View the BMW X1 this week.

BMW used to offer the X1, the company’s smallest (and most affordable) crossover, in two versions — one front-wheel drive and the other all-wheel drive (which BMW markets as xDrive).

For 2023, the X1 comes in just one version — with xDrive AWD standard.

It also comes standard with more power and slightly better gas mileage.

Of course, it comes with something else for just those reasons, that being a higher base price. However, its price is still lower than that of its main rival, the Mercedes GLB250, which doesn’t come standard with AWD but does come standard with less power.

The Audi A3, another possible cross-shop, comes standard with a lower base price and standard AWD. But it also comes standard with about 60 less horsepower.

So maybe one size does fit all — or better, at least.

What It Is

The X1 is, per the above, BMW’s smallest crossover, as well as its entry-level crossover.

BMW used to offer it in front-wheel drive (which was marketed as sDrive) and xDrive (all-wheel drive) but has changed that up for the new model year.

 The 2023 X1 now comes in just one version, the $36,600 xDrive28i.

Its main rival, the Benz GLB250, stickers for $39,800 to start, without AWD (which Benz markets as 4Matic). Equipped with the optional 4Matic all-wheel-drive system, the Mercedes stickers for $41,800.

What’s New For 2023

 In addition to standard AWD and more standard power, the 2023 X1 has a new look and an updated iDrive interface, which is now operated by touch screen rather than the previous rotary knob controller. A full-width digital/flat-screen instrument cluster is also standard, as well as configurable ambient interior lighting that can be made to shift colors in time with whatever music you’re listening to.

What’s Good

Lower price buys you more power and better performance relative to Benz GLB.

Though compact in size, the X1 is roomy inside.

Quick and agile.

What’s Not So Good

 If you don’t want AWD, you still have to pay for it.

 GLB is available with third-row seating.

 Heated seats are optional.

Under The Hood

The X1’s standard and only engine is a 2.0-liter turbo’d four — as before. But there are some differences this year.

The first is more power. For 2023, the engine has been upgraded to 241 horsepower (versus 228 last year). This is good because it compensates for the ’23 being about 200 pounds heavier than the ’22, almost all of that being due to the other difference, that being the ’23 comes standard with AWD while the ’22 only offered it.

The AWD-equipped ’23 curb weight is 3,750 pounds versus 3,554 for the SDrive (i.e., front-wheel-drive) ’22 X1.

Also new is the standard, and only available, transmission. The previous eight-speed automatic has been retired in favor of a seven-speed automatic, which has one less gear but shifts faster, being a dual-clutch automatic.

The net result is about the same — zero to 60 in 5.4 seconds and 25 mpg city, 34 mpg highway (versus 24 mpg city, 33 mpg highway for the ’22 X1).

On The Road

This little BMW may not look much different from other small crossovers — indeed, many non-luxury-brand small crossovers seem to be trying hard to look like it — but when you drive it, you will feel the difference. Most small crossovers take seven to eight seconds to get to 60.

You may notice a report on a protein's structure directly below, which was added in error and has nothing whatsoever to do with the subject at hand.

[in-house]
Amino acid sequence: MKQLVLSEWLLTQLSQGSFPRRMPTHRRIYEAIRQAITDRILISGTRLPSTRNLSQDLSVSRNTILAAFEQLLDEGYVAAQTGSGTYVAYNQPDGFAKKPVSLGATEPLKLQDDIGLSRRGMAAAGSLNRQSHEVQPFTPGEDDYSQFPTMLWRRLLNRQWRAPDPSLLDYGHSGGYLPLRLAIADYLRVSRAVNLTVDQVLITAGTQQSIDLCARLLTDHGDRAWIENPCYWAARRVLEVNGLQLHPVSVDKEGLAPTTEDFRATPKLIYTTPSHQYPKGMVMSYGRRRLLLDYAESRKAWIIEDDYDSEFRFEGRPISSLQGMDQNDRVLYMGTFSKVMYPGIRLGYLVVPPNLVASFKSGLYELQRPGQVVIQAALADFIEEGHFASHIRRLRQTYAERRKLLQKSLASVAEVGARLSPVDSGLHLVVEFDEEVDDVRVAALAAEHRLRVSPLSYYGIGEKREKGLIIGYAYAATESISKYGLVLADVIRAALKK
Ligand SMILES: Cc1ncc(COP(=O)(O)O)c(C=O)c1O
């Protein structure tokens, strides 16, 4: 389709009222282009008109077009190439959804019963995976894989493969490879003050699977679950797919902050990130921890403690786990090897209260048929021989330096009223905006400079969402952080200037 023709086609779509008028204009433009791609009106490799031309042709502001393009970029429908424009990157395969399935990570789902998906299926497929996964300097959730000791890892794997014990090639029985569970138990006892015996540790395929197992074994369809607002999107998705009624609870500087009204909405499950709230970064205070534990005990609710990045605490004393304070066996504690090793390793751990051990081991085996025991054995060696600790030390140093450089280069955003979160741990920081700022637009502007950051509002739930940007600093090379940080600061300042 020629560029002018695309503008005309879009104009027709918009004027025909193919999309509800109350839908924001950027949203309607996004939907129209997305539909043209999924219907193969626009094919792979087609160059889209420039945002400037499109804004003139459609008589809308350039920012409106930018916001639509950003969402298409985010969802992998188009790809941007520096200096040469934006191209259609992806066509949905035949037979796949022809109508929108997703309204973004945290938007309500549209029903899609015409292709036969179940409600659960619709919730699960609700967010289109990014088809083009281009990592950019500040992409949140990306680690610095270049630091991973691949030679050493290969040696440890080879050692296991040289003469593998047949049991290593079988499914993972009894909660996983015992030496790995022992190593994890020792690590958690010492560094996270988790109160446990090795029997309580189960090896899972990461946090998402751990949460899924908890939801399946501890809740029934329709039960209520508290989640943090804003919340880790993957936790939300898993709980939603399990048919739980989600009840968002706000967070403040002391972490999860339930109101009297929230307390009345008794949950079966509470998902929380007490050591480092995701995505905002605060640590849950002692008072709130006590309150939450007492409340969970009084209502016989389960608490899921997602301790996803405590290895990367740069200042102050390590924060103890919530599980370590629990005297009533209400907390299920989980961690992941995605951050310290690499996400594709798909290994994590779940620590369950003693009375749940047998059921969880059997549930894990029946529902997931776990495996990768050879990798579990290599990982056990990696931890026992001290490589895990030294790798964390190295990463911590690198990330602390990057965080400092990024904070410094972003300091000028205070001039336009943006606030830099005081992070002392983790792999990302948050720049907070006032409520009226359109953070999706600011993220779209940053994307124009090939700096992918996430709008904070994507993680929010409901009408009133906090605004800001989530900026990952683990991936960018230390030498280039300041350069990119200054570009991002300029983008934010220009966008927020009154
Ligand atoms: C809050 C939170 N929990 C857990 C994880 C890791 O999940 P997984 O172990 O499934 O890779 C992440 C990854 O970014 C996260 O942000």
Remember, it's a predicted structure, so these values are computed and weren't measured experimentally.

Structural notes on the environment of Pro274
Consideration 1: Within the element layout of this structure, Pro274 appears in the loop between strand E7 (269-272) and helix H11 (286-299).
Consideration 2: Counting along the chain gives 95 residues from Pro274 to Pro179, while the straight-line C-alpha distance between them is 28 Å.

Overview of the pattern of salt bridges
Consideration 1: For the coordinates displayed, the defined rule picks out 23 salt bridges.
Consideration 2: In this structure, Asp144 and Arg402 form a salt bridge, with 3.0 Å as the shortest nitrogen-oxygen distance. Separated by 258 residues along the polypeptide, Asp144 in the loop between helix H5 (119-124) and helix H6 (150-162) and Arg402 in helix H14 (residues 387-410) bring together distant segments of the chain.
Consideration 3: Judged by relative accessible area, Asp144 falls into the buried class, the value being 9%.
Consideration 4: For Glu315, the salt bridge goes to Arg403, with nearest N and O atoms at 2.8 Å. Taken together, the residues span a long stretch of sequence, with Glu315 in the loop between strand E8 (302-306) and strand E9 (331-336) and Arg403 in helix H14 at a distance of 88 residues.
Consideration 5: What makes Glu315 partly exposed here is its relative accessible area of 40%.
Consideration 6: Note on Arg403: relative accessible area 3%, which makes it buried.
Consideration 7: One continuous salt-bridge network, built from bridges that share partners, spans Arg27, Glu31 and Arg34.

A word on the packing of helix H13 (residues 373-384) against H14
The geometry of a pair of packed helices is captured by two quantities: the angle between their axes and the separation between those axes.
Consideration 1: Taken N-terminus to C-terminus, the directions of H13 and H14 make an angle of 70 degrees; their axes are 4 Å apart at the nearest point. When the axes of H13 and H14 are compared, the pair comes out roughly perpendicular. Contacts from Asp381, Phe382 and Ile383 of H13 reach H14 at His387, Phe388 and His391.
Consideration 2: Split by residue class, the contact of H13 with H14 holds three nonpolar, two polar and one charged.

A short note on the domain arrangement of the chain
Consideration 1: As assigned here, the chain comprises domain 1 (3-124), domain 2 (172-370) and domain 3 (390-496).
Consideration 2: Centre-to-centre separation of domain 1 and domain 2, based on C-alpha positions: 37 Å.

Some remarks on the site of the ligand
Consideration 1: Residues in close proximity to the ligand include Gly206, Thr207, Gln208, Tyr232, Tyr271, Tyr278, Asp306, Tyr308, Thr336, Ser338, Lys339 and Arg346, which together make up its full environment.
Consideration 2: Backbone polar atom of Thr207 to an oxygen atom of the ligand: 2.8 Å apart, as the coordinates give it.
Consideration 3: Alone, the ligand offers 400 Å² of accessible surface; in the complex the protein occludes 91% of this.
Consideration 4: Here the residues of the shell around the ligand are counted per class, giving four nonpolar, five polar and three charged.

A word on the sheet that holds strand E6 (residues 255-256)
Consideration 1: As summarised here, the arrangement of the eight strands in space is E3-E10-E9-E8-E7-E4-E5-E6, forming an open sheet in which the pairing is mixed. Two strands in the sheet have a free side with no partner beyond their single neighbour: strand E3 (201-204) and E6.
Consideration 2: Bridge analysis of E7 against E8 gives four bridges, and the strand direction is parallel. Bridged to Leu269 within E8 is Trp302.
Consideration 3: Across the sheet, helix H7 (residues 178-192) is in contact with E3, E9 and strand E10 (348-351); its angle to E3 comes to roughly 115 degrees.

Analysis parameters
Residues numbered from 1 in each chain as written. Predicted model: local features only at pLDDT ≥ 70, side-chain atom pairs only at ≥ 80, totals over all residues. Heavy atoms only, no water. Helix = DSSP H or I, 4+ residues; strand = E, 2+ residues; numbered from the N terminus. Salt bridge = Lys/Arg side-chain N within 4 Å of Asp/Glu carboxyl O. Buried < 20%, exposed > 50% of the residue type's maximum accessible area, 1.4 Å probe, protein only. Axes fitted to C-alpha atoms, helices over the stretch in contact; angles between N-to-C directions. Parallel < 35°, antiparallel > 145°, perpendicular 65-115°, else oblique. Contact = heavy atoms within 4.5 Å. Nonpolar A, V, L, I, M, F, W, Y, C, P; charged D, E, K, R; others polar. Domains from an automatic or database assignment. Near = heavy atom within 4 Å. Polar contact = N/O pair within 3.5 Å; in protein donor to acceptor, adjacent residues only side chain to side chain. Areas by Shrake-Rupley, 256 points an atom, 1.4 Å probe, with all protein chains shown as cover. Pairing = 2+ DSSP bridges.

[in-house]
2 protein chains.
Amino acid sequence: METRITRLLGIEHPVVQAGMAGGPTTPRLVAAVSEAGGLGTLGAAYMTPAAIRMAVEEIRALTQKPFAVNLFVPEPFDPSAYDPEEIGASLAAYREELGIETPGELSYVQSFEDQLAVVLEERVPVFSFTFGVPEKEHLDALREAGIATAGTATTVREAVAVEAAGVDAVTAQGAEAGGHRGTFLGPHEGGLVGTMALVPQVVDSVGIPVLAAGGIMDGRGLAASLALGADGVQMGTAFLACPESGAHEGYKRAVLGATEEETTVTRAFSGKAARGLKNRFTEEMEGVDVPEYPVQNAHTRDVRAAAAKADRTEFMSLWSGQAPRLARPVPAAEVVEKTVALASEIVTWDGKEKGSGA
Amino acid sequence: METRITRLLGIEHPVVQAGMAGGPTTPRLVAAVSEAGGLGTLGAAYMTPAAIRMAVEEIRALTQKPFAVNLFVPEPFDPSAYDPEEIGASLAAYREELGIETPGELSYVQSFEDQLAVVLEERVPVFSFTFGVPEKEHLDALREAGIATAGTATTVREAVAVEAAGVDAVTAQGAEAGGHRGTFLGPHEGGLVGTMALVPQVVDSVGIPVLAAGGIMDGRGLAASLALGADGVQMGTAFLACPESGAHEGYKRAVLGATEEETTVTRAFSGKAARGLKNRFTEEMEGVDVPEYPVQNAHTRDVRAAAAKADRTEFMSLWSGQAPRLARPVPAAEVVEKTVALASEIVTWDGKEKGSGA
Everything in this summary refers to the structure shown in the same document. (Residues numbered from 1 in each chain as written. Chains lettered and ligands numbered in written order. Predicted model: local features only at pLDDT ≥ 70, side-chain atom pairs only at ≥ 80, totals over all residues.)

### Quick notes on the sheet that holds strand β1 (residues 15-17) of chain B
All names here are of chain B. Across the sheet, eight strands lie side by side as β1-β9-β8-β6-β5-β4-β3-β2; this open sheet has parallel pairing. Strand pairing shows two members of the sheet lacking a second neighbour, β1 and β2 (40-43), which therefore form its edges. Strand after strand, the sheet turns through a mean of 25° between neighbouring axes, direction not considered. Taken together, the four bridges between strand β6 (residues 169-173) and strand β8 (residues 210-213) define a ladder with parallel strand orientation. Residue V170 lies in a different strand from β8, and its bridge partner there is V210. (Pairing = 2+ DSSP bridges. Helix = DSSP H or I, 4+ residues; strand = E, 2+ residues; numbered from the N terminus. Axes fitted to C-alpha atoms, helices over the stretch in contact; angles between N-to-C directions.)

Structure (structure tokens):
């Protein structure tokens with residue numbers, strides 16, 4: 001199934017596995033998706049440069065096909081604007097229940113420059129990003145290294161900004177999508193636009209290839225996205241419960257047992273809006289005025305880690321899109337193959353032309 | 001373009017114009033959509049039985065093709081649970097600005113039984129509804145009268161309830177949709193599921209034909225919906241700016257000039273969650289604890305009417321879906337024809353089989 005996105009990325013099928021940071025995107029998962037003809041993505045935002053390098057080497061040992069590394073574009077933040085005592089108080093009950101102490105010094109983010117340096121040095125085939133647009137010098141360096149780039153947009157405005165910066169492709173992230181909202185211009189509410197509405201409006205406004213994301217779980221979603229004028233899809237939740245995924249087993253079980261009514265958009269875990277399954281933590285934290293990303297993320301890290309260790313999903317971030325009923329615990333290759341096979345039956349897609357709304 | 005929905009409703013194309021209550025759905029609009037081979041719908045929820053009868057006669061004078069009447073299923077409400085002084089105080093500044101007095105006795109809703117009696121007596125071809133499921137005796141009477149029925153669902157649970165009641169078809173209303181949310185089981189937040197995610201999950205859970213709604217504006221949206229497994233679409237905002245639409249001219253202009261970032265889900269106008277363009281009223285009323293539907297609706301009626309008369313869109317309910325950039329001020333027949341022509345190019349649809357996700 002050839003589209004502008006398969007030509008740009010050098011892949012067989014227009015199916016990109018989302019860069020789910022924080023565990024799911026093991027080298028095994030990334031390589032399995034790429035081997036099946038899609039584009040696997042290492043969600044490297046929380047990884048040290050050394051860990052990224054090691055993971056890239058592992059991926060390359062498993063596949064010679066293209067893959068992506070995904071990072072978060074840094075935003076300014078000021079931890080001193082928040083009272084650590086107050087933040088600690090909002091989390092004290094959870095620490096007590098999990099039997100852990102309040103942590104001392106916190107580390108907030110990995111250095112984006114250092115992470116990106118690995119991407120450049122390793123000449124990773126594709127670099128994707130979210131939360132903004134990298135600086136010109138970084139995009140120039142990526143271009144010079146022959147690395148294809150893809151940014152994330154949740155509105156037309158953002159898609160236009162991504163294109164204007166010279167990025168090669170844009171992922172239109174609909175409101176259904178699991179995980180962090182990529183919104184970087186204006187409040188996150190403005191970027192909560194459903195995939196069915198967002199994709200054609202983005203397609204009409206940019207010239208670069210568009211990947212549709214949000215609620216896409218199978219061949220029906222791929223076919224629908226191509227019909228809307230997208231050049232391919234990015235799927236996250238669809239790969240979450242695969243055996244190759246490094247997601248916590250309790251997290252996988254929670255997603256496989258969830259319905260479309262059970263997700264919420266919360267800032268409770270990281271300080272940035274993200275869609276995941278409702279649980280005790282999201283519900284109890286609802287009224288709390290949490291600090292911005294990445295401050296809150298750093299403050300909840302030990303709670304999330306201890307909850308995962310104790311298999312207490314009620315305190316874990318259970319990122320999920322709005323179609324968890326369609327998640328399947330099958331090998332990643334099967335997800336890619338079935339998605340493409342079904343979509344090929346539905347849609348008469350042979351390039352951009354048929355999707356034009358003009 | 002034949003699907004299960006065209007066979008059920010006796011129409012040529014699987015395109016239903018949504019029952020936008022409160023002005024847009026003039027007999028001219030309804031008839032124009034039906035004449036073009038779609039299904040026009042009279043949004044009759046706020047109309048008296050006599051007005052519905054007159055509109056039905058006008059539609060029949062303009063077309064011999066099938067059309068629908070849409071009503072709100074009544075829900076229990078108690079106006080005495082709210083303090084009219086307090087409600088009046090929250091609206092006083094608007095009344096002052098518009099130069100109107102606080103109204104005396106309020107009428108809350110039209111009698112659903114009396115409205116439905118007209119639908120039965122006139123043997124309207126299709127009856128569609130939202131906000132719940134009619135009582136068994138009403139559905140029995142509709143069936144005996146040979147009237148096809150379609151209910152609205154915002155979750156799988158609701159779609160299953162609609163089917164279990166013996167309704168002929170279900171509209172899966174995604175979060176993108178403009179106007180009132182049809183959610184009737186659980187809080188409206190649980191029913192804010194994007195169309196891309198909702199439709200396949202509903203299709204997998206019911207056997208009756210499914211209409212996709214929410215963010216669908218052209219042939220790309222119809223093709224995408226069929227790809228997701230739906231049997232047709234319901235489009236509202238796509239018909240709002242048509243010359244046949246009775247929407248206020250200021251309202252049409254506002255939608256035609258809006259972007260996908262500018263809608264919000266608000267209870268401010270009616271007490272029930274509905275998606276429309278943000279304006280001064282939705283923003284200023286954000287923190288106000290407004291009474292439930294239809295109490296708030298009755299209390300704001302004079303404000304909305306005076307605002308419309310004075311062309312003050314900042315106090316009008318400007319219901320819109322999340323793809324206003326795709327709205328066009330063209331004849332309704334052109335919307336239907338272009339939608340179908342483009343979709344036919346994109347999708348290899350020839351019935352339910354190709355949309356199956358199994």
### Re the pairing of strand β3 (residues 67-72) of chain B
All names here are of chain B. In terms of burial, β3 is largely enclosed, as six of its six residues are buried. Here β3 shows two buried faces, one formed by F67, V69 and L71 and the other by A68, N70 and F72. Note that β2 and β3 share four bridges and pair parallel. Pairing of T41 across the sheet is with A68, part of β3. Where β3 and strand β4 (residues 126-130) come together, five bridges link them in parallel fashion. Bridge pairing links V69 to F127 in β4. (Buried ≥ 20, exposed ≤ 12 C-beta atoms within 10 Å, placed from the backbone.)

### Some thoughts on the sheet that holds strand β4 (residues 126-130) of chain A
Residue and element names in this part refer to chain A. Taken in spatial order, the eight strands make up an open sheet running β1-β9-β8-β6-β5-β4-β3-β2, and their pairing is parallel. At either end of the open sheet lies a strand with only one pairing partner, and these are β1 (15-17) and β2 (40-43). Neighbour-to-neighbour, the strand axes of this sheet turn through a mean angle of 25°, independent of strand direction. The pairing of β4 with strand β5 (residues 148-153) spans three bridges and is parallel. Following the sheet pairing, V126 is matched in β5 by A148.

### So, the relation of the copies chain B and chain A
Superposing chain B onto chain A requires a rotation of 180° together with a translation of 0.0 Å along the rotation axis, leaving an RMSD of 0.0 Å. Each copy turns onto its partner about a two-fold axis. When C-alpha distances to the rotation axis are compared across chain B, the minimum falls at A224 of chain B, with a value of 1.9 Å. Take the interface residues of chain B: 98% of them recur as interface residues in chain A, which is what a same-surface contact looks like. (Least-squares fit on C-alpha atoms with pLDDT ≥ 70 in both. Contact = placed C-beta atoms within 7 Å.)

What you’re paying for here is the ability to get there a lot more quickly.

This isn’t just about that, either.

The X1’s responsiveness is also noticeably sharper, which is surely due to the very quick gear-changing action of the new seven-speed dual clutch automatic. These transmissions reduce the overlap in between gear changes versus a traditional automatic that serves almost like a shift kit did back in the day — for those who remember those days. The difference between then and now being these extremely quick shifts are not accompanied by the neck-jerking snap that you got when you installed a shift kit back in the day.

It also corners very crisply, especially for a crossover with 8.1 inches of ground clearance.

At The Curb

Styling-wise, the X1 is generically handsome. The exterior cosmetic changes are many but minor, with the overall shape now a little more angular looking than before. But you have to park the ’23 alongside the ’22 for the differences to really stand out.

The big drama is inside.

The analog gauges of last year are gone, and a new full-panel LCD touch screen is in. It is basically two displays on the same sheet. To the left, a configurable instrument cluster (you can change the appearance and readouts according to three different themes — Personal, Sport and Efficient) and to the right, another that displays the menus for the numerous apps/vehicle systems. There is still a thumbwheel controller for the audio system’s volume, which is wonderful because you can operate it by feel rather than sight. But pretty much everything else, including tuning and the heater/AC/fan controls, has to be operated by tapping the touch screen.

The Rest

One thing this BMW lacks may surprise you, given this is a BMW. It is that heated seats aren’t standard. They are a $500 option. This is pretty unusual in that most new cars that cost even $25,000 generally come standard with seat heaters now. And this BMW is an almost $40,000 car — before you pay the $500 for the seat heaters.

The Bottom Line

It’s not easy to make a crossover look like it stands out from the crowd, but a more attractive price for more standard equipment and power can serve the same purpose.

Eric’s latest book, “Doomed: Good Cars Gone Wrong!” will be available soon. To find out more about Eric and read his past columns, please visit the Creators Syndicate webpage at